Distr.
GENERAL

E/CN.4/2003/NGO/259
20 March 2003


Original: ENGLISH
English only
COMMISSION ON HUMAN RIGHTS
Fifty-ninth session
Item 5 of the agenda



THE RIGHT OF PEOPLES TO SELF-DETERMINATION AND ITS APPLICATION TO PEOPLES UNDER COLONIAL
OR ALIEN DOMINATION OR FOREIGN OCCUPATION

Written statement* submitted by International Educational Development,
a non-governmental organization on the Roster


The Secretary-General has received the following written statement which is circulated in accordance with Economic and Social Council resolution 1996/31.
[5 February 2003]


Human rights in Kashmir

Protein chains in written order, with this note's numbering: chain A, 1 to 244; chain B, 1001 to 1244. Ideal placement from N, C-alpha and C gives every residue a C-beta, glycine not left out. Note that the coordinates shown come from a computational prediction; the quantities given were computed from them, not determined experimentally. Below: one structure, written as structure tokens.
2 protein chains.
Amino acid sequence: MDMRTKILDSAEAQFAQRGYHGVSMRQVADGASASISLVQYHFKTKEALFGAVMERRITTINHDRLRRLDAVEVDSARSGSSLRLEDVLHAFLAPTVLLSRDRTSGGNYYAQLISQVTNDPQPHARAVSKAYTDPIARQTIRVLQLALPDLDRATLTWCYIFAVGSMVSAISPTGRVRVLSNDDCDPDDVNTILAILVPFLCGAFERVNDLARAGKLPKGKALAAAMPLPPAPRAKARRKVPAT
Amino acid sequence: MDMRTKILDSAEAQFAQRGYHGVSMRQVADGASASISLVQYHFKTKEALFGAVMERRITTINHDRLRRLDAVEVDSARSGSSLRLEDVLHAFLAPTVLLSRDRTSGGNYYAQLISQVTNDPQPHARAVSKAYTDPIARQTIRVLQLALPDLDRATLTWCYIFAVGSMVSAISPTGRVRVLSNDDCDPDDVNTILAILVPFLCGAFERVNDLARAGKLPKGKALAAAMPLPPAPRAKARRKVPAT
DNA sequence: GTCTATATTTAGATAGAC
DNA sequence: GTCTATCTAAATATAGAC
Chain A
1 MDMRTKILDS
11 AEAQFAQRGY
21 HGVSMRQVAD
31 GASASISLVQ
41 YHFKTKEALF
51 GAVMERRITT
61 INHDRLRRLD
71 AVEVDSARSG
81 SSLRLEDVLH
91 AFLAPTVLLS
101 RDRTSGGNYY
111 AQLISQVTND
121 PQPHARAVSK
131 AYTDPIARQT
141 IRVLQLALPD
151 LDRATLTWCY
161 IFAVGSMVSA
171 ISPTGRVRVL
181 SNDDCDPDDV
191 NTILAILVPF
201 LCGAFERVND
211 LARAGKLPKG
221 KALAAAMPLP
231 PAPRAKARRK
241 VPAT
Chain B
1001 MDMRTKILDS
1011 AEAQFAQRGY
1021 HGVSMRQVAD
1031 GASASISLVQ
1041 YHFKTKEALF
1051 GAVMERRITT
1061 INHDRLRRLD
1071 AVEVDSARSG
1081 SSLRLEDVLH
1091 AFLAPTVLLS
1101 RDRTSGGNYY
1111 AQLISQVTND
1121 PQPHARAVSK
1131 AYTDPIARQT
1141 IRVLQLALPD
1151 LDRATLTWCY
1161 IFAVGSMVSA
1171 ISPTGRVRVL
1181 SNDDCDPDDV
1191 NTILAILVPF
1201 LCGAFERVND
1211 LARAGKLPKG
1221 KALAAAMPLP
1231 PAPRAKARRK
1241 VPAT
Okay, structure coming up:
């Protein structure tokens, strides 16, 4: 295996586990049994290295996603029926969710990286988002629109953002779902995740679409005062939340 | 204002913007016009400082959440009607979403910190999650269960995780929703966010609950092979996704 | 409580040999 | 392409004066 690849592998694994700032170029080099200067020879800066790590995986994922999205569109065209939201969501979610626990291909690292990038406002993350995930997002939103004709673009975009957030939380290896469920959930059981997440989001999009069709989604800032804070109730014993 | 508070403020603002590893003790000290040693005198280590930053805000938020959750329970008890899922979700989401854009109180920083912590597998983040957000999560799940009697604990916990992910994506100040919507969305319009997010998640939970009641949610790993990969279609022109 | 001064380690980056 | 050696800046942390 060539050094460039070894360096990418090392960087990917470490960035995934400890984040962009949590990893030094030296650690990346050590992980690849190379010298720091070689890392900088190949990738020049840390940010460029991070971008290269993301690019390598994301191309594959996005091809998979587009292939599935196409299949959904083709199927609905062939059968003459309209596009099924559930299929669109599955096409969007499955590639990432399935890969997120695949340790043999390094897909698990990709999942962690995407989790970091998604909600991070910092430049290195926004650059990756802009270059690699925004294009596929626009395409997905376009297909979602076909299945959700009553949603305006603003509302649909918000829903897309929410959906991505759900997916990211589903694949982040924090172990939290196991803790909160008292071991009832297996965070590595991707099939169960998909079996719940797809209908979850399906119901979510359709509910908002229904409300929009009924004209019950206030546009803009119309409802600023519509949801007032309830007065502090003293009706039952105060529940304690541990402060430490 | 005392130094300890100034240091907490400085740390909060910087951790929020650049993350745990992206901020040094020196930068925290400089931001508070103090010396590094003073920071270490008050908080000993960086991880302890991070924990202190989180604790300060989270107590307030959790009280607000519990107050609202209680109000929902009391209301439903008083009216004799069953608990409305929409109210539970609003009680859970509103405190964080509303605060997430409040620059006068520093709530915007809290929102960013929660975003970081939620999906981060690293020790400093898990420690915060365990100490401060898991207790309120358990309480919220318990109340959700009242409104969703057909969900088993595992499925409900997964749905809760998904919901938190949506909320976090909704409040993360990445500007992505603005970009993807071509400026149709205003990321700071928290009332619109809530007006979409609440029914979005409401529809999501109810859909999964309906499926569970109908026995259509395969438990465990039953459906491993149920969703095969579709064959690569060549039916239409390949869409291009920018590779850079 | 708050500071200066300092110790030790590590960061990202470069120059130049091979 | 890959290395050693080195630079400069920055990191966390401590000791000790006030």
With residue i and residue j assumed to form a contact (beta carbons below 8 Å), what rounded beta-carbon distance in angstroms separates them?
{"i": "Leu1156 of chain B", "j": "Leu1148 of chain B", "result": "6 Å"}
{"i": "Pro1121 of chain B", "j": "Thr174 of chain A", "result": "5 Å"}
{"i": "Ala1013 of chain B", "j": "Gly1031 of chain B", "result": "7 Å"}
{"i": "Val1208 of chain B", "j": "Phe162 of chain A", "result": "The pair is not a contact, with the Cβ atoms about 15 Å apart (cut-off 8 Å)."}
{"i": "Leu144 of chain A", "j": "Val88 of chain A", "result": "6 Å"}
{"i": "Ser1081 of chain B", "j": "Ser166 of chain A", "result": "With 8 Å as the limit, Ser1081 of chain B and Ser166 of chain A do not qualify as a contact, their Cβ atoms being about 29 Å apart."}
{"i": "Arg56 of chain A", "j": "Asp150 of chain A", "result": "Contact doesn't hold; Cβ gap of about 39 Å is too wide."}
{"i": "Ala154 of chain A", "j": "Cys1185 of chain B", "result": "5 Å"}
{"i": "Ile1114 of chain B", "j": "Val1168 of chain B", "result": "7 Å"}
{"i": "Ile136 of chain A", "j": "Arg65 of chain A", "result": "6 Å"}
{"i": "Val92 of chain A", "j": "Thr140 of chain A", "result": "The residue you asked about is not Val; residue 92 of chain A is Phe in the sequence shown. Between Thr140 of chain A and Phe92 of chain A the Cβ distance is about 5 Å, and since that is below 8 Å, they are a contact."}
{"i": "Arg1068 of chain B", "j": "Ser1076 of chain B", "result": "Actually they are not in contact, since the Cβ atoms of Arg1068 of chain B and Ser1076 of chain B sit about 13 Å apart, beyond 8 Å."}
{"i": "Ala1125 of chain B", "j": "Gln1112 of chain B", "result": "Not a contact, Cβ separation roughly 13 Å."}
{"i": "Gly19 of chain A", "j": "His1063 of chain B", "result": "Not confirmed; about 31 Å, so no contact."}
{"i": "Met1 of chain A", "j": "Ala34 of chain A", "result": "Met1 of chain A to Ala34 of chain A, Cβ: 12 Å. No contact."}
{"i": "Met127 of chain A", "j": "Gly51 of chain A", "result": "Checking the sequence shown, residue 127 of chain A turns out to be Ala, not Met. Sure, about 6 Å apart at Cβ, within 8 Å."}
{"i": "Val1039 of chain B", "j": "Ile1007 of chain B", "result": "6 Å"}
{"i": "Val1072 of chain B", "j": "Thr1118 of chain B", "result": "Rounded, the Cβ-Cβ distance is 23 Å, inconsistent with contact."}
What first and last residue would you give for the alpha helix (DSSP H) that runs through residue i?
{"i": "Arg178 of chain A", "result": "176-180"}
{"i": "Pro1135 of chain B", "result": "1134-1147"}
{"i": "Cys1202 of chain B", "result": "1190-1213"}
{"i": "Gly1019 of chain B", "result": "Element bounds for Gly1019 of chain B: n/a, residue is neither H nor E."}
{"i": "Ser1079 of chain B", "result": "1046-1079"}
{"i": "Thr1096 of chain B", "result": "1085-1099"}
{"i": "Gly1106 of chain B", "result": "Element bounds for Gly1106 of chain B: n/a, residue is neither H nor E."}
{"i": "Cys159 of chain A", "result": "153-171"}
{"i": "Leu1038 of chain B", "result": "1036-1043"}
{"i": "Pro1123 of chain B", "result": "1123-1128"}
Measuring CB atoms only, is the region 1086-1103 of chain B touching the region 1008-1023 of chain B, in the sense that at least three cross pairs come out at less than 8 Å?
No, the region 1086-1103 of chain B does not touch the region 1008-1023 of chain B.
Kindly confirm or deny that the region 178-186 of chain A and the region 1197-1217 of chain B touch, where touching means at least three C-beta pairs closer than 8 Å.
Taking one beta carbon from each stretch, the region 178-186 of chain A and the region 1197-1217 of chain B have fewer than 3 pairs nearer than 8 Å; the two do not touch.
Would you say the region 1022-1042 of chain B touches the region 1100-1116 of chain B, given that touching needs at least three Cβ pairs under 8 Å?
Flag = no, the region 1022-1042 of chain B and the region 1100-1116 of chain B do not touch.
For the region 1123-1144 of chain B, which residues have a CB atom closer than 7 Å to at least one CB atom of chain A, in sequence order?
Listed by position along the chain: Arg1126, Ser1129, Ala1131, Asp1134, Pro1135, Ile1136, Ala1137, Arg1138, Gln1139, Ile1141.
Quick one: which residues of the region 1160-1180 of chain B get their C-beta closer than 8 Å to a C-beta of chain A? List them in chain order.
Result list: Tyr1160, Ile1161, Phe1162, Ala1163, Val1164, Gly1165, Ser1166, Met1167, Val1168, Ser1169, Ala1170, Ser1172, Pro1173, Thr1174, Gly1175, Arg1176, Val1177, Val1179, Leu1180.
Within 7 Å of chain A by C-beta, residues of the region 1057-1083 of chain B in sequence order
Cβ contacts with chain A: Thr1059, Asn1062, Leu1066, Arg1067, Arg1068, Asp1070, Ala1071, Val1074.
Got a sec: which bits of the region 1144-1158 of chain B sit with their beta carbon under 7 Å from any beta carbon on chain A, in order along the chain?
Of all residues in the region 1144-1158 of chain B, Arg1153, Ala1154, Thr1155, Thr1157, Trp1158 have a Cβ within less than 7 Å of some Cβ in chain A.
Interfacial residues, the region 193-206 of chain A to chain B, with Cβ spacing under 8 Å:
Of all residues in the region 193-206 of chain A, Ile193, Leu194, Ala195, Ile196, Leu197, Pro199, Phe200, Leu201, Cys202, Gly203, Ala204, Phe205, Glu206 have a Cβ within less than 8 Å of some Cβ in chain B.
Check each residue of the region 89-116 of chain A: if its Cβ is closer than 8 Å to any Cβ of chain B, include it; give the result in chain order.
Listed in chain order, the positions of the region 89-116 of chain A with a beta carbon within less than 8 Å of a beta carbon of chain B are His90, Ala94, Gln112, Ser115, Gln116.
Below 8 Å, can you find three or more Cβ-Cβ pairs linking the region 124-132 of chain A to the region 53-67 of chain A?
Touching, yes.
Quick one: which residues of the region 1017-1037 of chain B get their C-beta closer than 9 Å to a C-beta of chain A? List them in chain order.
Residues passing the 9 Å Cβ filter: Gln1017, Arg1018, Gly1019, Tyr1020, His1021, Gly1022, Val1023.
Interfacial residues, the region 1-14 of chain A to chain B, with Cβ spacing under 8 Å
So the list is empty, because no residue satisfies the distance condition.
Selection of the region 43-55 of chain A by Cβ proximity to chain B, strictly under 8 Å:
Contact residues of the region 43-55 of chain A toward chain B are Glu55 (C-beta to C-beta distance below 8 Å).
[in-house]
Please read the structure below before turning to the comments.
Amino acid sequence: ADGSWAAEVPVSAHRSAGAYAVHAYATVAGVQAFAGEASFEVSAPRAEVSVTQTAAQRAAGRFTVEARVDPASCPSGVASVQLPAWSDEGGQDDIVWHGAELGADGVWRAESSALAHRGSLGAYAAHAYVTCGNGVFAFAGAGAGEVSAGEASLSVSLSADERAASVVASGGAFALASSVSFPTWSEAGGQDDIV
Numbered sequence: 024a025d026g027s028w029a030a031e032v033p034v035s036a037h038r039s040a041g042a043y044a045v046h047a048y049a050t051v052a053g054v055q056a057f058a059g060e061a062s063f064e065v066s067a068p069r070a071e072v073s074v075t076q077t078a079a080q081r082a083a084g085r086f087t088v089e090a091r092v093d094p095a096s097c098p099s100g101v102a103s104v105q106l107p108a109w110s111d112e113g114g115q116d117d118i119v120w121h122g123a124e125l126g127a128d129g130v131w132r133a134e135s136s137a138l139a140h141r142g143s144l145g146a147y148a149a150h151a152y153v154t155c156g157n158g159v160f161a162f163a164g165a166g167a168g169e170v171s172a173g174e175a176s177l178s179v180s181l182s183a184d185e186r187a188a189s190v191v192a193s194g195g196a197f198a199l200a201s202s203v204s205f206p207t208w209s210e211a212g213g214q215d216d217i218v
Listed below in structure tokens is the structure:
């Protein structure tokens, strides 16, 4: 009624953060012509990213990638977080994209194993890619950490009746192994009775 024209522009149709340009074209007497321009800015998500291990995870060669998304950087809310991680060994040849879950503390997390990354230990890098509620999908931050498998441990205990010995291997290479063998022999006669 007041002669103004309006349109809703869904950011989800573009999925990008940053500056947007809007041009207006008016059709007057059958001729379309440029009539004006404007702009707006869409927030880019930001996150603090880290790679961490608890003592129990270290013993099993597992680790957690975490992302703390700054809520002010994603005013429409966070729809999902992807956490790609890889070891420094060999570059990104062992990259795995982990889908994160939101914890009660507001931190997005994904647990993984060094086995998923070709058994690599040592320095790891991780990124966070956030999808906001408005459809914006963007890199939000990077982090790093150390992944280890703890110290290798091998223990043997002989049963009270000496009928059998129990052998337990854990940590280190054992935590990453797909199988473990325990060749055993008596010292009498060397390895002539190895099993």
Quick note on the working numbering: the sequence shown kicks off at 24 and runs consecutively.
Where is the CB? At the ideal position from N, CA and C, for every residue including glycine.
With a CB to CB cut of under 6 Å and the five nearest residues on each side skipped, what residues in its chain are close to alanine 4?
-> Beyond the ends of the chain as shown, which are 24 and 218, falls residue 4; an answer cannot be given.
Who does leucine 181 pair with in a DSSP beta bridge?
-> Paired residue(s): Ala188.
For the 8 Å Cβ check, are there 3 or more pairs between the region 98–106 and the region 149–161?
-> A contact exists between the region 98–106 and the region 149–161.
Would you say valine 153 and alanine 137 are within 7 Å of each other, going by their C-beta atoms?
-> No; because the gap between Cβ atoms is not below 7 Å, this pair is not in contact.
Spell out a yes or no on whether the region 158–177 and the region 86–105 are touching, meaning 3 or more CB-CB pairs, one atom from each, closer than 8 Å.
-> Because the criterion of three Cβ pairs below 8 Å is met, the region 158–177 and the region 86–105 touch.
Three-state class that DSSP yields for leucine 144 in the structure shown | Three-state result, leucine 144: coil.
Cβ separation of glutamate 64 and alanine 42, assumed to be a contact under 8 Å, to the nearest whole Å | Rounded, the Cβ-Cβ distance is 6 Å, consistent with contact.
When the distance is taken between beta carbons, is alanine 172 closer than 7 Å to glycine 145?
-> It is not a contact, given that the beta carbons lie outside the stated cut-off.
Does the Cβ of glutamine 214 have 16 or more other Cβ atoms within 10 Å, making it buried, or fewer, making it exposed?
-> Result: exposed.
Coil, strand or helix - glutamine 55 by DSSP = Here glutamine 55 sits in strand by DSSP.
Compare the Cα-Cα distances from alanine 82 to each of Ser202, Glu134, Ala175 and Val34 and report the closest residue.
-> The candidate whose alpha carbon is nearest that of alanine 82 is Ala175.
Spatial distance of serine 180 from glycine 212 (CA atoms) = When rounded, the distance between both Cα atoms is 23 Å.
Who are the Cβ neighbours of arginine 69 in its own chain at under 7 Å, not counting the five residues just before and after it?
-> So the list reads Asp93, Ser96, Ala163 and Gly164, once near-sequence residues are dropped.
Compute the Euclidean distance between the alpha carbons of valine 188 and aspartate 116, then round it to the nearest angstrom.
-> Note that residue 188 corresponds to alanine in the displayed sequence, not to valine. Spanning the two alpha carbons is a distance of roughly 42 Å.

1. It has been nearly thirteen years since International Educational Development/Humanitarian Law Project prepared a written statement (U.N. Doc. E/CN.4/Sub.2/1990/NGO/26) on the situation in Indian-occupied Kashmir. At that time, an escalation of human rights and humanitarian law violations at the hands of the military forces in Indian-occupied Jammu and Kashmir was exceptionally serious, brought about by renewed insistence by the people of Jammu and Kashmir that the UN-mandated plebiscite be carried out as soon as possible. United Nations Security Council Resolution 39 of 20 January 1948 established a Security Council Commission (later named the United Nations Commission on India and Pakistan) to resolve the crisis in Jammu and Kashmir at the end of the colonial rule of the United Kingdom. Both the Commission and the Security Council as a whole subsequently decided that the future of Jammu and Kashmir would be decided by a plebiscite of the people in that area. See, for example, Resolution of the United Nations Commission of India and Pakistan, adopted 5 January 1949, reprinted in United Nations Document S/1196 of 10 January 1949. The Security Council, in its resolution 80 (1950), set up a number of steps, as yet unfulfilled, "for the expeditious determination of the future of the State [of Jammu and Kashmir] in accordance with the freely expressed will of the inhabitants." In 1949 the Security Council had established a "line of control" (the LOC) between the part of Kashmir forcibly seized by India in 1948 and the part of Kashmir under Pakistani influence (Azad Kashmir). The United Nations Military Operations Group for India and Pakistan (UNMOGIP) was established in 1949 and still is in place along the LOC. The United Nations determined that, consonant with the principle of self-determination, the Kashmiri people have the right to determine their own political future. The Security Council also rejected the notion that elections held unilaterally in Jammu and Kashmir (or in "Azad Kashmir" for that matter) are the equivalent of the plebiscite, holding instead that only a plebiscite administered by the United Nations would qualify as the "UN-mandated" plebiscite. Security council resolution 122 of 24 January 1957,